Tennessee Titans' Nate Washington (85) is tackled by Indianapolis Colts' LaRon Landry (30) and Darius Butler, right, during the second half of an NFL football game on Sunday, Dec. 1, 2013, in Indianapolis. (AP Photo/Michael Conroy)
INDIANAPOLIS — Andrew Luck knows there is plenty to do before the playoff talk can really begin in Indianapolis.
Heck, all anyone had to do was watch the Colts' offense bog down on another ragged Sunday.
With the AFC South all but wrapped up following a 22-14 victory over Tennessee, Luck made it clear this is not how the Colts want to go into the playoffs — struggling to move the ball, struggling to get in the end zone.
"We know we can't survive our mistakes forever," Luck said. "We've still got a lot of mistakes to clean up. We've still got a lot of things we need to improve on, but to grind out games, to win these types of games are a positive sign."
Hey, at least it's progress.
Indy (8-4) came into Sunday with losses of 29 and 30 points in two of its last three games and having been outscored 93-12 in the first halves of the last four games.
On Sunday, thanks to some costly Tennessee miscues, the Colts matched that combined point total in just two quarters despite struggling to finish drives. That's where the focus will be starting Monday.
Yes, the Colts have a virtual lock on their first AFC South title of the post-Peyton Manning era. Sunday's win gives them a three-game lead with four to play and the tiebreaker, courtesy of a season sweep over the Titans. Indy can clinch its eighth division crown in 11 seasons with one more win, one more Titans loss or a tie by either team.
That's not how the Colts are approaching it.
"We're not exhaling. We've still got, the division is not sewn up," coach Chuck Pagano said. "We've still got a lot of work to do as a football team in all three phases. We're not exhaling. We're going to do everything within our power to keep trending in the right direction."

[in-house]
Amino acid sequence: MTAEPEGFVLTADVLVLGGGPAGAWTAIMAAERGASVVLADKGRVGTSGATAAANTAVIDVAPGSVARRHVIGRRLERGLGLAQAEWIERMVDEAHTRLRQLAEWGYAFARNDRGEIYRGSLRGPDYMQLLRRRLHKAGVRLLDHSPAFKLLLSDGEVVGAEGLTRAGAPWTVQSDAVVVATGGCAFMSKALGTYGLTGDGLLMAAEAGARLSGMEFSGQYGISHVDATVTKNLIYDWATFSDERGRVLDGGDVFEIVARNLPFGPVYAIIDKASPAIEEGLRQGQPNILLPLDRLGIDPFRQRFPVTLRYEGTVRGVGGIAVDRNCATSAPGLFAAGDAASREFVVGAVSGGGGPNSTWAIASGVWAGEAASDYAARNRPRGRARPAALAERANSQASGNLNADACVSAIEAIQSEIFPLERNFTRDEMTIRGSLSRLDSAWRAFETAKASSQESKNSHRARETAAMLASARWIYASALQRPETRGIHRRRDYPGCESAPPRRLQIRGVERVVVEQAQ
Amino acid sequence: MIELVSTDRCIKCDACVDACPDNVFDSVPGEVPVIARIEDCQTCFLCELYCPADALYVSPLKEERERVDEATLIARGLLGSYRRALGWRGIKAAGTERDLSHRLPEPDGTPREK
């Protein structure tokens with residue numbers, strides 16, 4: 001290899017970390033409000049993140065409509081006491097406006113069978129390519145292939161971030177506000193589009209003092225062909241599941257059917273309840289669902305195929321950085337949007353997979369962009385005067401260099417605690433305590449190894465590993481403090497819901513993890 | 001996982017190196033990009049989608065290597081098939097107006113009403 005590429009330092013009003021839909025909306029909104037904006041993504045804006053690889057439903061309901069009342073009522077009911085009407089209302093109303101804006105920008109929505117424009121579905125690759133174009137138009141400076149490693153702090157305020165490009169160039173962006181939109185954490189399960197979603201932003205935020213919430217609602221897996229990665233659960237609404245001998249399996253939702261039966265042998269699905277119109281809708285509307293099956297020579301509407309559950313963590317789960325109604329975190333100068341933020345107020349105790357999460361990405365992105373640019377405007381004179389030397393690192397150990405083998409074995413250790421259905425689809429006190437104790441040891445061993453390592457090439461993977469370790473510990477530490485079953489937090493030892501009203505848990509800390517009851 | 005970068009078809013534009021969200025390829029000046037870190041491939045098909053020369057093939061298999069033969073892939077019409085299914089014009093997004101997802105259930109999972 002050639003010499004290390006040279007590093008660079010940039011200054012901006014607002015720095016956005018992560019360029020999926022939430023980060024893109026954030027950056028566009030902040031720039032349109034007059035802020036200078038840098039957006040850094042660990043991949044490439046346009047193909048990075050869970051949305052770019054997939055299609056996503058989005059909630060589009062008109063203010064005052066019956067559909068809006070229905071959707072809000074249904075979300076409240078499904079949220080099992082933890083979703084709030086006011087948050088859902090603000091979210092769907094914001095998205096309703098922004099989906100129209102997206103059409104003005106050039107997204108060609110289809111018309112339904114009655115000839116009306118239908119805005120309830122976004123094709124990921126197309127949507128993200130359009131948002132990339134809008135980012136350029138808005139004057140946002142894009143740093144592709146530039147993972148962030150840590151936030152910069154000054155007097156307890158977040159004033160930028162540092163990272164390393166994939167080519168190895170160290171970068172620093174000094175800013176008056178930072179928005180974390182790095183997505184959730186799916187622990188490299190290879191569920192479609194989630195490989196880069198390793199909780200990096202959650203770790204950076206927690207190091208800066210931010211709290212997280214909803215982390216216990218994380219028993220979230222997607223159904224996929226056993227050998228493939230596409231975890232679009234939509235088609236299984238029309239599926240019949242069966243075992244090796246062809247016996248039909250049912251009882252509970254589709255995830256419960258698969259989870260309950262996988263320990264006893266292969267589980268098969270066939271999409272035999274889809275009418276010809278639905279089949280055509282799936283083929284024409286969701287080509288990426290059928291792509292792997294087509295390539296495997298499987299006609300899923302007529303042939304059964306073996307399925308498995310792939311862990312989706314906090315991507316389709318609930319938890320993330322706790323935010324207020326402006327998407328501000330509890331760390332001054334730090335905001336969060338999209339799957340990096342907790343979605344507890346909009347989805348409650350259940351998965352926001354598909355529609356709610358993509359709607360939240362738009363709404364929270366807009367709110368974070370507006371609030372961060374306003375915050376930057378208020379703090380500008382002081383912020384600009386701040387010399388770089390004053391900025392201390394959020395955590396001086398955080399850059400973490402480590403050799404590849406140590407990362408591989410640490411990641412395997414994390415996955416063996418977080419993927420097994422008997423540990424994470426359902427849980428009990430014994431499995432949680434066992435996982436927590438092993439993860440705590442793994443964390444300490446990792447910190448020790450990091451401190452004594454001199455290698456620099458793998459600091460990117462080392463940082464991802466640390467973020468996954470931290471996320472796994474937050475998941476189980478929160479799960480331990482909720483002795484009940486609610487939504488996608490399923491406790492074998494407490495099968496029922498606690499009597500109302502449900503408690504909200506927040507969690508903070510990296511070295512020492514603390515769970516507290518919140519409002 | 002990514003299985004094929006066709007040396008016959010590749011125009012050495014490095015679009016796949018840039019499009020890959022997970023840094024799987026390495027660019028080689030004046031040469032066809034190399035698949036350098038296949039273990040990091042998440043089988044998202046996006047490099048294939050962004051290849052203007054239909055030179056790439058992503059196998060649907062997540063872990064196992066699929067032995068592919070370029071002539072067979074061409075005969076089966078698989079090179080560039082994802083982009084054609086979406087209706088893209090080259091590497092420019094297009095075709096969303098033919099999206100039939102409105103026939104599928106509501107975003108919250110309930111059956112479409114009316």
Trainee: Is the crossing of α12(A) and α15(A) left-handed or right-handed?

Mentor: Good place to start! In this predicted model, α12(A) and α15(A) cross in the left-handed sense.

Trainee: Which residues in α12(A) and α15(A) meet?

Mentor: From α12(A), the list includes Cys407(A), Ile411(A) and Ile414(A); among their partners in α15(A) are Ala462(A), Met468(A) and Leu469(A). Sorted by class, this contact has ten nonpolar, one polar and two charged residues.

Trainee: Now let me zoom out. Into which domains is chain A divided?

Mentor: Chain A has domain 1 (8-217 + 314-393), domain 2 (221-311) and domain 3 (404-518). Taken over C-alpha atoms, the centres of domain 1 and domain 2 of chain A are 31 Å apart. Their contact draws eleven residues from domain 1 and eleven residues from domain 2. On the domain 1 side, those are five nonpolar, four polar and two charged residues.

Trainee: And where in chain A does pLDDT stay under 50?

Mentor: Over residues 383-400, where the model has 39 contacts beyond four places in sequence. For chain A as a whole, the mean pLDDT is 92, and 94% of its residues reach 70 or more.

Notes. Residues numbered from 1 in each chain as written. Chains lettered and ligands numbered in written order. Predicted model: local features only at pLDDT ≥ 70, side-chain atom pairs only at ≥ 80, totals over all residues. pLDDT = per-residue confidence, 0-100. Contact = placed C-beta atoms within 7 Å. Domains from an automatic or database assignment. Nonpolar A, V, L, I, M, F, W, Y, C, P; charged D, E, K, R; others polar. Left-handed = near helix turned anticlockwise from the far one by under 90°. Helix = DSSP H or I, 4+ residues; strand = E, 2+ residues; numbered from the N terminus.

Here are five things we learned from Sunday's game.
MISTAKES HURT: Tennessee (5-7) tried desperately to get itself back in the division chase. But Ryan Fitzpatrick threw three interceptions and lost a fumble that thwarted a possible score and turned into the Colts go-ahead field goal. The worst mistake may have come late in the first half when it appeared time had run out on the Colts after a Fitzpatrick interception. Instead, Moise Fokou was called for a personal foul, the officials added 1 second to the clock and Adam Vinatieri made a 37-yard field goal to give Indy a 12-7 lead.
BROWN DELIVERS: Pagano went with Donald Brown instead of Trent Richardson at running back and the Colts' 2009 first-round draft pick made it pay off. Despite running for 8 yards in the first 52 minutes, he ran for 46 yards on Indy's game-sealing drive and scored the Colts only TD of the day with 1:56 left. With 14 carries for 54 yards, he's likely to get another start next week.
TIGHTENING UP: Tennessee won't spend this week just trying to fix problems, the Titans need to start getting healthy. Tennessee started the day without tight end Craig Stevens (concussion) and lost two more tight ends during the game — Delanie Walker (concussion) and Collin Mooney (leg). Coach Mike Munchak did not provide a postgame update on either injury. The short-handed Titans then started using offensive tackle Mike Otto as a blocking tight end. But they need more than just a plug-in to make a playoff push.
DEFENSIVE UPRISING: The Colts' defense finally reverted to its early season form Sunday. They forced Fitzpatrick into mistakes, held up against the run and limited the points. If they can continue to play this way, Pagano knows he will have one part of his team ready for the playoffs.
THE TEST: Indy is about to find out just how good it really is. It has played well against some of the league's best teams — beating Denver, San Francisco and Seattle — among others. Next week, they head to Cincinnati and two weeks after that they go to Kansas City. Those games should give them an idea of where they stand heading into the playoffs.